So we walked the long way round. Both of us feeling quite miffed. A train going under Horseshoe Bridge did cheer us up a little and I was even more cheered knowing I didn’t have to go inside the bus depot and spend ten hours being moaned at by angry passengers.
Almost opposite the bus depot, squashed between the big metal units of the industrial estate and the new road, is a tiny stretch of service road. This was once Dukes Road. In fact it’s still called Dukes Road even though there is no longer a single house on it. Still, we went to what was left of it and took some photos of the road sign.
The first of the Dukes Road Titanic crew was John Bertie Ellis, born in Southampton in 1883. His father, also called John, was a naval seaman from Manchester and his mother, Emma, was from Cornwall. John and Emma had nine children and moved to Southampton just before John was born. John began his working life as a cellarman. In 1905 he married Ethel Amelia Brooks. Ethel was also born in Southampton but was of exotic heritage. Her father, Addison Taylor Brooks, was born in Washington DC, of mixed African-American and European heritage. He’d seen service in the US Military before moving to England. John and Ethel had three children, Mabel Ethel, Bertie Alec and Frank.
When John joined Titanic as a vegetable cook the family were living at 30 Dukes Road. He’d previously been working on Oceanic as assistant vegetable cook so the job on Titanic was something of a promotion and his wages of £5 a month were probably very welcome. John escaped the sinking ship in emergency lifeboat 2, the seventh boat loaded from the port side. Fourth Officer Boxhall was in charge of the boat and took Steward James Johnstone, able seaman Frank Osman and John to assist with rowing. The boat had only eighteen or so people in it, mostly women and children. It was lowered, half empty, to A Deck to pick up more passengers but found nobody there. It was the first boat to reach Carpathia.
John was not called upon to give evidence at any of the Titanic inquiries and returned to Southampton. In October 1912, his fourth child, Archie, was born. John went back to sea but, a few months later, jumped ship in America and was never heard of by his English family again. Ethel and the children carried on as best they could. Mabel became a cook and live in domestic to a sales executive in Enfield, Middlesex. She never married. Bertie married Annie Maria Corbishley and settled in Staffordshire to raise a family. He served as a Royal Artillery gunner in WWII and was killed in 1945 in Burma. Frank moved to Biloela, Queensland and died in 1991. Archie served in the Merchant Marine and Royal Navy Reserve as a quartermaster. He married Robbia Stewart and moved to Staffordshire to raise a family. He died in 1964. Poor deserted Ethel, with her family scattered, remained in Hampshire where she died in 1931. She never heard from John again.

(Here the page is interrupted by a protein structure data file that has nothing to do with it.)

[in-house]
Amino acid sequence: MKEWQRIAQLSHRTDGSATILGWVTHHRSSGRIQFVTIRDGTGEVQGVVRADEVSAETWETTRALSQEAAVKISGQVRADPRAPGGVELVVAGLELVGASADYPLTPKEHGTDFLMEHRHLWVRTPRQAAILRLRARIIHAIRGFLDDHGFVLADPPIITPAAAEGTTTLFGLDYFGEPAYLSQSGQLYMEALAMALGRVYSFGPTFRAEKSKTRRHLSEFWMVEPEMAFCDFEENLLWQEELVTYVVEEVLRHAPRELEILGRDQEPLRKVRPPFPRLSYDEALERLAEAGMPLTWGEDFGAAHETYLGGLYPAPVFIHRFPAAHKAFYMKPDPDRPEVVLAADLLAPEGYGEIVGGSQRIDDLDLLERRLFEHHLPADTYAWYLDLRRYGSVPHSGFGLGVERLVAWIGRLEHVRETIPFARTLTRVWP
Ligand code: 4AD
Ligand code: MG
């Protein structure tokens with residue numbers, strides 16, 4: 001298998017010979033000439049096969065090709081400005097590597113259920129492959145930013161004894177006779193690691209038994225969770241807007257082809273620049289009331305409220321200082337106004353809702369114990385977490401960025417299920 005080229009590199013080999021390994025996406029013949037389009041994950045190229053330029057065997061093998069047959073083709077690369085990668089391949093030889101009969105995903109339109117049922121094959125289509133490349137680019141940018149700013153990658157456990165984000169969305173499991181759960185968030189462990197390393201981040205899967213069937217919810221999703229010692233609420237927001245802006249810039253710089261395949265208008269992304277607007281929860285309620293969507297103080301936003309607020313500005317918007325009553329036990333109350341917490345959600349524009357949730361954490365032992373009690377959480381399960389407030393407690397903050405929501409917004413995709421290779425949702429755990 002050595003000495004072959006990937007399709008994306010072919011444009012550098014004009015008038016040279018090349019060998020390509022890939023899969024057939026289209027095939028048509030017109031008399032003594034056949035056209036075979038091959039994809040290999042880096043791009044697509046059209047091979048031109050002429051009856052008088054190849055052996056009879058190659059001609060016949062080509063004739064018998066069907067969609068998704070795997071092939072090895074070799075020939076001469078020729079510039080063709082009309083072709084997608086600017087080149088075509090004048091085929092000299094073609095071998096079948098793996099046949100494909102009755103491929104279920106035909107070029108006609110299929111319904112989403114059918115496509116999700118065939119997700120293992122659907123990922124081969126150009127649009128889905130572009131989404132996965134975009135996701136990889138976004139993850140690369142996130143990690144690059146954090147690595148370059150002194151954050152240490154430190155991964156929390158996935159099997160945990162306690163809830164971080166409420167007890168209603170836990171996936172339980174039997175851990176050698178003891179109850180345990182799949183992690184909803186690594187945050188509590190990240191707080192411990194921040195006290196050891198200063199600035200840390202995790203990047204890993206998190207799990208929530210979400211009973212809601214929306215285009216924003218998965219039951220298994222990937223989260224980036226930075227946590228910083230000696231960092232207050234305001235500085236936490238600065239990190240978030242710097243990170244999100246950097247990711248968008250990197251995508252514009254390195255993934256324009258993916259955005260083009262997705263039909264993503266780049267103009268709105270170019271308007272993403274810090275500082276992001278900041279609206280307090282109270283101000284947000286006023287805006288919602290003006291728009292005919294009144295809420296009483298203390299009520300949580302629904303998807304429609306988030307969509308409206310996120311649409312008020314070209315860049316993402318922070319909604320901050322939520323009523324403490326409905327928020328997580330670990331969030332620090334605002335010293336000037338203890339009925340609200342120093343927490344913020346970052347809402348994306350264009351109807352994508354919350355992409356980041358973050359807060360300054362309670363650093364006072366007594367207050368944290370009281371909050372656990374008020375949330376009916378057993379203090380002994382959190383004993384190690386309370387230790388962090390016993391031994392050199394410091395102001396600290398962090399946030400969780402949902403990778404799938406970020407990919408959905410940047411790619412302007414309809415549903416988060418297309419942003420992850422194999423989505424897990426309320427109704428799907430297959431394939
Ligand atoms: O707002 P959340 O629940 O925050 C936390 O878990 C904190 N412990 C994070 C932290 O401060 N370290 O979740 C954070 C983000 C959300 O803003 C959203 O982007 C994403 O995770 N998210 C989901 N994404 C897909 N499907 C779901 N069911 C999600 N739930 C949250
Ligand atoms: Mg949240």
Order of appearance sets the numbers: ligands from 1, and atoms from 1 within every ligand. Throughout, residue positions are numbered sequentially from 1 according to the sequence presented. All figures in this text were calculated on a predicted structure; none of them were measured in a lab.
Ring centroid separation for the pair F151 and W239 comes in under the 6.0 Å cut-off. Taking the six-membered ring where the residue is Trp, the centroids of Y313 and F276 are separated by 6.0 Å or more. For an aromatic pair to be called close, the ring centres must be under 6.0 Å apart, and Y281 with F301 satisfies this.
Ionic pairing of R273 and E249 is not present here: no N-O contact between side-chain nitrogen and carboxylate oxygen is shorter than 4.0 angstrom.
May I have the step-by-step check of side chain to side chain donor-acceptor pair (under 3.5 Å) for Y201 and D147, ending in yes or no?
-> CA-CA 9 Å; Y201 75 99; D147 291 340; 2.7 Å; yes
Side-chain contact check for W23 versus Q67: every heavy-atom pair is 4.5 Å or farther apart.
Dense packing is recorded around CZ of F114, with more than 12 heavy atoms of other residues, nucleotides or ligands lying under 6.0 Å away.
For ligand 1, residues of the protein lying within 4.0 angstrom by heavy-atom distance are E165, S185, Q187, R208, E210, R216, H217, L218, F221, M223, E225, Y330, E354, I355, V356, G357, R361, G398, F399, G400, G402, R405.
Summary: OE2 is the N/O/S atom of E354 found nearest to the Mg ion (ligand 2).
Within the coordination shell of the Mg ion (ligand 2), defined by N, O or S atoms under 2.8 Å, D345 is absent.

Having left his family in England, seemingly without a second thought, John he moved to New South Wales and began a new life. He bigamously married Isabella Towers in 1914. The couple had two sons, John and William and set up home in Sidney. It is unlikely that Isabella ever knew of John’s previous life. In 1916, John enlisted with the Australian 19th Infantary Battalion. He ended his days in Sidney as a war pensioner. He died in Sidney in 1932 and is buried in the Randwick Cemetery.
Charles Augustus Coombs was born in Wimborne Dorset in 1867. He was the second of two sons born to Mary Jane and George Edwin, a master butcher. Charles, better known as Augustus, was brought up in Wimborne and when or why he ended up in Southampton is a mystery but it’s probable he moved to get work at sea. He was certainly living in Southampton when he married Annie Amelia West in 1891. They had three children, Elsie Annie, Gladys Kathleen and Norah Georgina. On the 1901 census Augustus was working as a ship’s baker and living with his family, including his father, George, at 9 Ivy Road, Itchen.
George died in 1902 and at some time after this, the family moved to 78 Dukes Road. By 1911, Augustus was working as a cook for the White Star Line. He left Olympic to join Titanic as assistant cook, earning £4 10s a month.
It was not the good career move he’d hoped for though. Augustus died when Titanic sank and his body was never recovered. What became of Annie isn’t clear but neither Elsie or Norah ever married and both died in 1970. Gladys married Robert Dyer and continued to live in Southampton until her death in 1976.